Discovering Bitcoin Part 7: The Missing Pieces
In the conclusion to the “Discovering Bitcoin” series, Giacomo Zucco explores concepts of unique chronology, mining fees and off-chain transactions.
The post Discovering Bitcoin Part 7: The Missing Pieces appeared first on Bitcoin Magazine.
This is the seventh and final installment of bitcoiner Giacomo Zucco’s series “Discovering Bitcoin: A Brief Overview From Cavemen to the Lightning Network.” Read the Introduction to his series, Discovering Bitcoin Part 1: About Time, Discovering Bitcoin Part 2: About People, Discovering Bitcoin Part 3: Introducing Money, Discovering Bitcoin Part 4: A Wrong Turn (New Plan Needed)!, Discovering Bitcoin Part 5: Digital Scarcity and Discovering Bitcoin Part 6: Digital Contracts.
As we conclude our “Discovering Bitcoin” series, we will build on the use of digital signatures and of the CoinJoin paradigm to explore concepts of unique chronology, mining fees and off-chain transactions.
Proving Unicity: Timechain
We are finally at the end of our exploration of Plan ₿, back again to the question “When?” from whence we started.
It’s an important question, as it justifies the introduction of the so-called “blockchain technology,” a decidedly abused expression that, in its original meaning, just labeled the answer to a problem of unique chronology. (It’s interesting, in this regard, that Satoshi himself called this structure “timechain,” which is also the term we are going to use here … sorry, Peter!).
Let’s try to understand what problem it solves, by getting back to our little story. You designed a digital cash system in which issuance and ownership are both decentralized, leveraging puzzles and signatures in a clever combination.
But how do you prevent users from double-spending the same UTXO? If Carol, a dishonest user, transfers sats to an address controlled by Daniel, and then signs another transaction that retransmits those very same sats to an address controlled by herself, which transaction will the network enforce? They would both be “valid” from the point of view of the chain of signatures and scripts, and both would point to a valid initial issuance, with a correct PoW difficulty.
And how do you prevent “miners” from lying about the correct timestamp, tricking the difficulty adjustment algorithm to increase the issuance rate? If the miner Minnie manages to solve hundreds of PoW puzzles at low difficulty, but she includes forged timestamps that depict the solutions as only 10 minutes apart from each other, how can a generic user, maybe just recently connected to the system, discover and prove such dishonest behavior?
Within your previous e-gold experiment, your trusted timestamp server trivially solved both issues. But now there is no central server, so who defines the unique chronology of events?
If the network could somehow “vote,” it could reach a “democratic” consensus about it. But voting processes, while feasible in systems with a fixed number of known actors (often called “federations”), can’t work within dynamic sets of unknown, anonymous actors. You can’t simply use “node count” as a proxy for voting rights, since every user could pretend to “be” millions of different nodes in what is known as a “Sybil attack.” You need another, “Sybil-resistant” way to push all the nodes to find (and keep) consensus over one single, consistent, immutable history.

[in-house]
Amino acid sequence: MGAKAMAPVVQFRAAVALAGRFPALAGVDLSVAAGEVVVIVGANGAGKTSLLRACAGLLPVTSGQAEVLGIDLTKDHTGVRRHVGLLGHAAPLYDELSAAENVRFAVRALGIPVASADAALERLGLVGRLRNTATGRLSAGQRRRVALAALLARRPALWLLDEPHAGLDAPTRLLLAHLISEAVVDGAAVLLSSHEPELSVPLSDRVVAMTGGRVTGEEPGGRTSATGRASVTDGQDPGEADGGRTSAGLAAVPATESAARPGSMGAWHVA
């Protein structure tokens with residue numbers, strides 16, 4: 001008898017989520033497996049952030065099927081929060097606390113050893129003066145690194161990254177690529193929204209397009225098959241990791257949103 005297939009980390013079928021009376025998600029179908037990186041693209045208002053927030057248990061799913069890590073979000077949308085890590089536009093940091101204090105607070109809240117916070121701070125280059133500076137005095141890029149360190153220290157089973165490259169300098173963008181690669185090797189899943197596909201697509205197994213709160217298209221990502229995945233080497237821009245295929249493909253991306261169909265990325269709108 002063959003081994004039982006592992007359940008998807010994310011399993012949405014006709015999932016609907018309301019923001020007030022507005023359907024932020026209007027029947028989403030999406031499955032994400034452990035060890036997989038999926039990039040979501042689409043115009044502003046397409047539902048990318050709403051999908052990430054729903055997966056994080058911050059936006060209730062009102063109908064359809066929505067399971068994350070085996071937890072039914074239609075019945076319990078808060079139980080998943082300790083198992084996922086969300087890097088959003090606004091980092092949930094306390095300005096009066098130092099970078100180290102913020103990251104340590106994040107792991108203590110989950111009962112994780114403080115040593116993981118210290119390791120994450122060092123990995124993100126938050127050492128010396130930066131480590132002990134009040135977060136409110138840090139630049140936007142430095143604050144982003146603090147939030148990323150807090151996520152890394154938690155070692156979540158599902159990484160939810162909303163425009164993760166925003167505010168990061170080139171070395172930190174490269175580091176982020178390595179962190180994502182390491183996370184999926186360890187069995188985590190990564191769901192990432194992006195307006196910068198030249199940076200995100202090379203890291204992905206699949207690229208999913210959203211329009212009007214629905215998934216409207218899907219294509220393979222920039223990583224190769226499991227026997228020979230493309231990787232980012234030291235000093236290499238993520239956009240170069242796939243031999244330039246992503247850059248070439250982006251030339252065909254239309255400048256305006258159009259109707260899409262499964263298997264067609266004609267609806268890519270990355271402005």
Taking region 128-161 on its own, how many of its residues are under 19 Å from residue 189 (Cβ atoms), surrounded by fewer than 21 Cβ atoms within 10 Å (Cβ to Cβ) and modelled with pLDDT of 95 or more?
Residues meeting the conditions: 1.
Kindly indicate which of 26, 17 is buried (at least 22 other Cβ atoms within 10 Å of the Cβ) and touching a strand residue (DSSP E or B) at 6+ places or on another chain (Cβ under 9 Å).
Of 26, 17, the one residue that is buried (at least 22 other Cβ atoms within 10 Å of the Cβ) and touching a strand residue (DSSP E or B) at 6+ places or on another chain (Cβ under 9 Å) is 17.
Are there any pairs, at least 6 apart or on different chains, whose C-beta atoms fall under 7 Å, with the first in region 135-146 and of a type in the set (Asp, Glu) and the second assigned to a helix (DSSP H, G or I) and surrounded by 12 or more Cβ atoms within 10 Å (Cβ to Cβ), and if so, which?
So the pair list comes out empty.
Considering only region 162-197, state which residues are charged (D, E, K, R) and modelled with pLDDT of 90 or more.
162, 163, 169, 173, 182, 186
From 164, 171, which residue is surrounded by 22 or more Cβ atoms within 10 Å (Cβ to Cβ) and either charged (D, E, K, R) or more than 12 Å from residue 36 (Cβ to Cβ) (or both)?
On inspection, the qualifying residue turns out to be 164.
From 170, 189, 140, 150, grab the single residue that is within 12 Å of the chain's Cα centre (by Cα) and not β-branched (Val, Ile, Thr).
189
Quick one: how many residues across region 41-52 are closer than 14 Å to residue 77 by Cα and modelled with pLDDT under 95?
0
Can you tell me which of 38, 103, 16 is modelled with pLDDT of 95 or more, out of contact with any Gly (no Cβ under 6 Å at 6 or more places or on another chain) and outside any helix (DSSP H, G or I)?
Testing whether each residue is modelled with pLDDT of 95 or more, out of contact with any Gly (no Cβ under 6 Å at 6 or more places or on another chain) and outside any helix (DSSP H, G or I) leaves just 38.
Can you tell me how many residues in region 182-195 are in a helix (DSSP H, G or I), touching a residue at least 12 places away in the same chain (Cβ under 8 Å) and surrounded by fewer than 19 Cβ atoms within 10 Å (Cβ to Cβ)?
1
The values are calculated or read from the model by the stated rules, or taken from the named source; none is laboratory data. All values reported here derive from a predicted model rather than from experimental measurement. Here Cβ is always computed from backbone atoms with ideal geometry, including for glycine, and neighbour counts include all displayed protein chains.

Unfortunately, a deterministic and final solution based on mathematics is theoretically impossible. But a statistical and asymptotic solution based on economics is practically possible, and you are smart enough to find it. This is the idea: Every time miners try to solve PoW puzzles, they should include in their messages compact snapshots of the current transactional timeline!
Instead of just their issuance messages, they should pass through the hash function more complex “blocks” of information, each containing (along with said issuance message, a timestamp and a random number needed to solve the puzzle at the correct difficulty) the solution of the previous block (which had been found by other miners about 10 minutes before) and a list of transactions recently made by other users.
A block that contains transactions already included in previous blocks is considered invalid. A block carrying a timestamp that is significantly incompatible with the previous ones is also discharged.
Using this trick, all actors are incentivized to converge on a consistent version of the same chronology. Minnie could include a valid transaction contradicting (double-spending) a previously confirmed one, or alter the timestamp to trick the difficulty adjustment, but then other nodes would reject such a block, and she would lose the value of the new issuance, having wasted time and energy for nothing.
Miners spend money to solve puzzles, and thus it’s quite safe to assume they want to enjoy the associated rewards, creating blocks that aren’t rejected, at least in scenarios where they only follow financial incentives endogenous to the system.
This solution, while brilliant, still lacks incentives for miners to include other people’s transactions. They could just opt to save the computing power needed to verify scripts and signatures (which, while not being as much as the one needed for hash collision, is still relevant) and to include only their own valid issuances in otherwise empty blocks. Also, the diminishing amount of sats allowed in such issuances, due to the controlled-supply paradigm, would reduce (even discounting for an increase in sats’ purchasing power) the incentive to solve blocks at all, eventually canceling it completely at the end of the last era, when there will be no inflation.
You solve this problem by introducing “mining fees”: a small “extra” that users can attach to their transactions to incentivize miners to include them.